“I have had options in the past to make large sums of green at the expense of my soul, like at Valiant Comics, but I bailed in terror on that one. Currently I am without money. I’ve had money but I’ve squandered it all on wasteful froofroos like a centralized base of operations and a competent and clever group of assistants.

“ My studio is a very expensive building to run and I’ve got people to pay. There are others at different times that I hire for all sorts of creative requirements so, well, the upshot is that things could be a whole lot more solvent.”

But I suspect that this is part of what makes Barry Windsor-Smith intrinsically who he is. He would rather not have the money unless it is clean and fair. He wants a lot for his work because he is good, and he doesn’t crawl. And this brings us back around to STORYTELLER. Windsor-Smith felt that STORYTELLER was a project that could attract a different audience, one that was more sophisticated and mainstream than a Batman comic could reach. He wanted the project to be sold to this audience and promoted unlike a normal comic. I point out that one of the things I liked about STORYTELLER was its irreverence. It was beautifully drawn, with his trademark romantic lines, but the dialogue and stories were, at least in two storylines, bawdy and even goofy. In the Comics Journal interview [The Comics Journal #190, Sept. 1996], he mentioned wanting to be more of an entertainer. STORYTELLER seems such; much more like a Frasier than like a Witchblade. Windsor-Smith likes the comparison but notes, “I certainly didn’t create STORYTELLER as an antidote to all this pseudo serious anti-hero bull that pervades comics nowadays.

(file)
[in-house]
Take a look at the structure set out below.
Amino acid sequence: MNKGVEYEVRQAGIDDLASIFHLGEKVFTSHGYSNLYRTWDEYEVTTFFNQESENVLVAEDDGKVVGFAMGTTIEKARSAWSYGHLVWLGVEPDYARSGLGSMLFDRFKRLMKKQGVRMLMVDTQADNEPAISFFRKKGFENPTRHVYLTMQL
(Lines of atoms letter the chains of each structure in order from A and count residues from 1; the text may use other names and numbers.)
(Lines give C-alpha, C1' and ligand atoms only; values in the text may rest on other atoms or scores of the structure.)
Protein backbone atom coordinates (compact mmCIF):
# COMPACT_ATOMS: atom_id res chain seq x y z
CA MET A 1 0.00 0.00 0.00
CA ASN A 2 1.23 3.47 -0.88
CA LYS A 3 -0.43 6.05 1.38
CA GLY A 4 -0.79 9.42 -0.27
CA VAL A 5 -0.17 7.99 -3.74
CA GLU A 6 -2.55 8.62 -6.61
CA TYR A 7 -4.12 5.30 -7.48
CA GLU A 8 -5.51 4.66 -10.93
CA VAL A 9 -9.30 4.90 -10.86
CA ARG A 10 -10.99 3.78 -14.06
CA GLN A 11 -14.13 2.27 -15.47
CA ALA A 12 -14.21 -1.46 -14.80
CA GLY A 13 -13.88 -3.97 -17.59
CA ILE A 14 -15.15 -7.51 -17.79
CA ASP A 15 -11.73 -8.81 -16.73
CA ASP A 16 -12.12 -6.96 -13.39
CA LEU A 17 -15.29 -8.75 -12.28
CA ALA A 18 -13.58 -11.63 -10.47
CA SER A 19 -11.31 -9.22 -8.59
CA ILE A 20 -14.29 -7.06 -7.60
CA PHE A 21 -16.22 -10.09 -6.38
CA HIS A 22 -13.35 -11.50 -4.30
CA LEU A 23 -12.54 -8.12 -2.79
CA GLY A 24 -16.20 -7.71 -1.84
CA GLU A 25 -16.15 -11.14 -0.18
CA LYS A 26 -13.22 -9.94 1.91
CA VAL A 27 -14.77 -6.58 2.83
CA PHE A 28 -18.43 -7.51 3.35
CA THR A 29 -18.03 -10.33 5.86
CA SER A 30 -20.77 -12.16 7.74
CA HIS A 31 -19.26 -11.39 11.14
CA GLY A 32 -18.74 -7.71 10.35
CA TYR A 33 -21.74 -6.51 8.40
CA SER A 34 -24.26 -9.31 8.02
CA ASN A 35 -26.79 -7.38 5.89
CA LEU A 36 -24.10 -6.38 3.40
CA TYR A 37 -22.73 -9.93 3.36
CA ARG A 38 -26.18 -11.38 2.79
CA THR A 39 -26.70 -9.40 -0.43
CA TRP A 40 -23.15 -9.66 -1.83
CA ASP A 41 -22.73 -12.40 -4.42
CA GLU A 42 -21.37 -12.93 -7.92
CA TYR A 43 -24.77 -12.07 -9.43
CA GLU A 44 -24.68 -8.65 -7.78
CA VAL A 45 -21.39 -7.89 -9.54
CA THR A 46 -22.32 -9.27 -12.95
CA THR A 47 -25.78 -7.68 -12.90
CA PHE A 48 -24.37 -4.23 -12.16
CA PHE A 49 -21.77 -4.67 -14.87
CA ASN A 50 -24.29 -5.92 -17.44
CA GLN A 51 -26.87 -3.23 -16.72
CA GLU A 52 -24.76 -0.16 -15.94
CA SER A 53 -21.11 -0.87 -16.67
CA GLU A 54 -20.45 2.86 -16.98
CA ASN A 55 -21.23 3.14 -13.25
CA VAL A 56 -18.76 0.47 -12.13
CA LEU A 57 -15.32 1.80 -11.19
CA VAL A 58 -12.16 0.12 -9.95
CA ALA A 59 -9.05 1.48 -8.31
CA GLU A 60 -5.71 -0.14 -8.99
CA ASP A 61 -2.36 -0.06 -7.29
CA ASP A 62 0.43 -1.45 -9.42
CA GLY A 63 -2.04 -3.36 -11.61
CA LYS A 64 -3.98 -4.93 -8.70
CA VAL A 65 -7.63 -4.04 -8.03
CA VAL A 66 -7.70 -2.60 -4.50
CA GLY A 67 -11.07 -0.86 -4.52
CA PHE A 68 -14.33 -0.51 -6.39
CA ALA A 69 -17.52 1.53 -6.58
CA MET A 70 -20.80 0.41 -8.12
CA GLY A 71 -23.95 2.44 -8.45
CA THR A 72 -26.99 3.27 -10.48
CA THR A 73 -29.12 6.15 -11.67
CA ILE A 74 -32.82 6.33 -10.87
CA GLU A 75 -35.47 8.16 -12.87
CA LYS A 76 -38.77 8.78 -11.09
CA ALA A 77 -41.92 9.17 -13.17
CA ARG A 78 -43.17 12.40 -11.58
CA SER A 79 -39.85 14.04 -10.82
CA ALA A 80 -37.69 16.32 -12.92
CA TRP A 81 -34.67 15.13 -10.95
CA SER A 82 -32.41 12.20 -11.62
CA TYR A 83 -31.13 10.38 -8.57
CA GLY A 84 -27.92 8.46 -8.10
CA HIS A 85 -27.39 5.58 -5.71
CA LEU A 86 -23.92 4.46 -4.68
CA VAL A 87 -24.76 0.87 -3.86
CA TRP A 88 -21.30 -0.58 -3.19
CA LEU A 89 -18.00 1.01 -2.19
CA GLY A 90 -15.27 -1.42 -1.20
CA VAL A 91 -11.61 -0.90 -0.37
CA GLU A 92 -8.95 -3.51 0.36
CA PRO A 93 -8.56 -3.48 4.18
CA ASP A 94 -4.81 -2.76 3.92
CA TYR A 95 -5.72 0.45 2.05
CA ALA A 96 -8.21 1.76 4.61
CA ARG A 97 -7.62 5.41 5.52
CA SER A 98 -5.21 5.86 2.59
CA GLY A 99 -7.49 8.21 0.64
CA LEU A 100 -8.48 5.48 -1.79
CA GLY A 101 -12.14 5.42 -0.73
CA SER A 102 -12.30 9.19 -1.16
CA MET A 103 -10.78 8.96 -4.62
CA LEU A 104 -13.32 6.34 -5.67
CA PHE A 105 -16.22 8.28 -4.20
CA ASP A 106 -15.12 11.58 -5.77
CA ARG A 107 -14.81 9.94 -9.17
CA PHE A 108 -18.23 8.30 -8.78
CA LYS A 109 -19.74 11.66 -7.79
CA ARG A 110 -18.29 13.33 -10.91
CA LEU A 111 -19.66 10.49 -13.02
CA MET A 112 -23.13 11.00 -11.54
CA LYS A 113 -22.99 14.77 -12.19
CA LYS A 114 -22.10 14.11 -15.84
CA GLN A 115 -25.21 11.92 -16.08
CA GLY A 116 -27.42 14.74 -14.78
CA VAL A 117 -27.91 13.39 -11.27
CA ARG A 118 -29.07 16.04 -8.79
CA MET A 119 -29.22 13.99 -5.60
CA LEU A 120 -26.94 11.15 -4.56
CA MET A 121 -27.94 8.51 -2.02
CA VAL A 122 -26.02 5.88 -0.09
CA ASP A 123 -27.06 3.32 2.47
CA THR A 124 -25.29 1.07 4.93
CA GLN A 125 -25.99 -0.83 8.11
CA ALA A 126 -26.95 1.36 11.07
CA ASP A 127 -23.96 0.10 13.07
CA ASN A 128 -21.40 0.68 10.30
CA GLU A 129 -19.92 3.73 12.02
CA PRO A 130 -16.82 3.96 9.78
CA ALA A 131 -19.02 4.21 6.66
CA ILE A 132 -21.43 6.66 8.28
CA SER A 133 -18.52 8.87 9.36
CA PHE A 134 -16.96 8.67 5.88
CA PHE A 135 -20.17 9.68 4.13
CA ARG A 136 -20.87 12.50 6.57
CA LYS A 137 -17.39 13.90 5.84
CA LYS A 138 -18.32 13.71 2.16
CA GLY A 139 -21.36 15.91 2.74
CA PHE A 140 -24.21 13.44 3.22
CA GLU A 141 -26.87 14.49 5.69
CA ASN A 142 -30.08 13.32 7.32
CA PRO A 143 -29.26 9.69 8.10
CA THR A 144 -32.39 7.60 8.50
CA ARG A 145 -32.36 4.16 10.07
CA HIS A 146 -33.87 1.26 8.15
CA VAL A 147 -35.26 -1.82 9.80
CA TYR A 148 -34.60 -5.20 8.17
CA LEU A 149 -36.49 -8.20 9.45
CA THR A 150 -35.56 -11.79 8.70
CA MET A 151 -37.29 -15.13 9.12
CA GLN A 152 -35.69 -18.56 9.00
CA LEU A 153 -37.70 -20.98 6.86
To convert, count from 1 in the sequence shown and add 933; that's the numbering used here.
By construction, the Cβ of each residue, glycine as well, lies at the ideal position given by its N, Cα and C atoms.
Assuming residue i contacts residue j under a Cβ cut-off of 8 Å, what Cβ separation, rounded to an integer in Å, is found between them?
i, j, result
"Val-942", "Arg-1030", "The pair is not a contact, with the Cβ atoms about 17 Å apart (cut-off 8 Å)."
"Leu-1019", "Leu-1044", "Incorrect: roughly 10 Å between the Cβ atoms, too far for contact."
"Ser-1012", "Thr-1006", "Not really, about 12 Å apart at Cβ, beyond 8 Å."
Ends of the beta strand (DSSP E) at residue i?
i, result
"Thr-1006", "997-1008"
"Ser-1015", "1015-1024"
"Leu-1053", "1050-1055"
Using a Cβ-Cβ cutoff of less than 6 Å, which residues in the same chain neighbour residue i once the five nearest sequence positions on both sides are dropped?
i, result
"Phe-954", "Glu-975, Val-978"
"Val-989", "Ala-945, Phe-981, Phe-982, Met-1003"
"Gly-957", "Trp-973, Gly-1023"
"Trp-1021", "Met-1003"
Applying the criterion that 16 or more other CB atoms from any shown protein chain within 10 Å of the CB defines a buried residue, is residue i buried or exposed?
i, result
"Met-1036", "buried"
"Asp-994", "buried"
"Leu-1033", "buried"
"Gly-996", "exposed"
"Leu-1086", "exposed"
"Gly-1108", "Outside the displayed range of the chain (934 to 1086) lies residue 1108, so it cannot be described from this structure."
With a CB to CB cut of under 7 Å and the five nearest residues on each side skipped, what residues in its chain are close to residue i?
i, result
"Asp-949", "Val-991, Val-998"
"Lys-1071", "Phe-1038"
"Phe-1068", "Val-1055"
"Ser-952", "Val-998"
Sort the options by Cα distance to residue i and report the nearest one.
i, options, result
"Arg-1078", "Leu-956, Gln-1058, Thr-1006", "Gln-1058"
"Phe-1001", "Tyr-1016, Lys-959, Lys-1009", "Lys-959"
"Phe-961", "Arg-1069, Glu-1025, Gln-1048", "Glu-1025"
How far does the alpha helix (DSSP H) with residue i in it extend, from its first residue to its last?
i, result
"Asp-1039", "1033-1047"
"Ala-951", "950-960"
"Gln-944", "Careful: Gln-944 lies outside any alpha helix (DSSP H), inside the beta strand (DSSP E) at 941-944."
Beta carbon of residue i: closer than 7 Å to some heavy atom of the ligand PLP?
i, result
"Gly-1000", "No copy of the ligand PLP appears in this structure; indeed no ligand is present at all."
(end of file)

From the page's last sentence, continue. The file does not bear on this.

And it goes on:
A panel from The Freebooters, STORYTELLER #4 1997

"It was just a coincidental tonic, if anything. I came up with the Axus and Aran characters a long time ago, back in the early 80s. It was both serious and silly, but from a different frame of reference than American comics. All of the characters in STORYTELLER took on lives and personalities of their own. If the book was anything important at all it was because the characters existed as continuous inspirations rather than the manipulated, insincere icons of the major companies. I hate all of that shit.”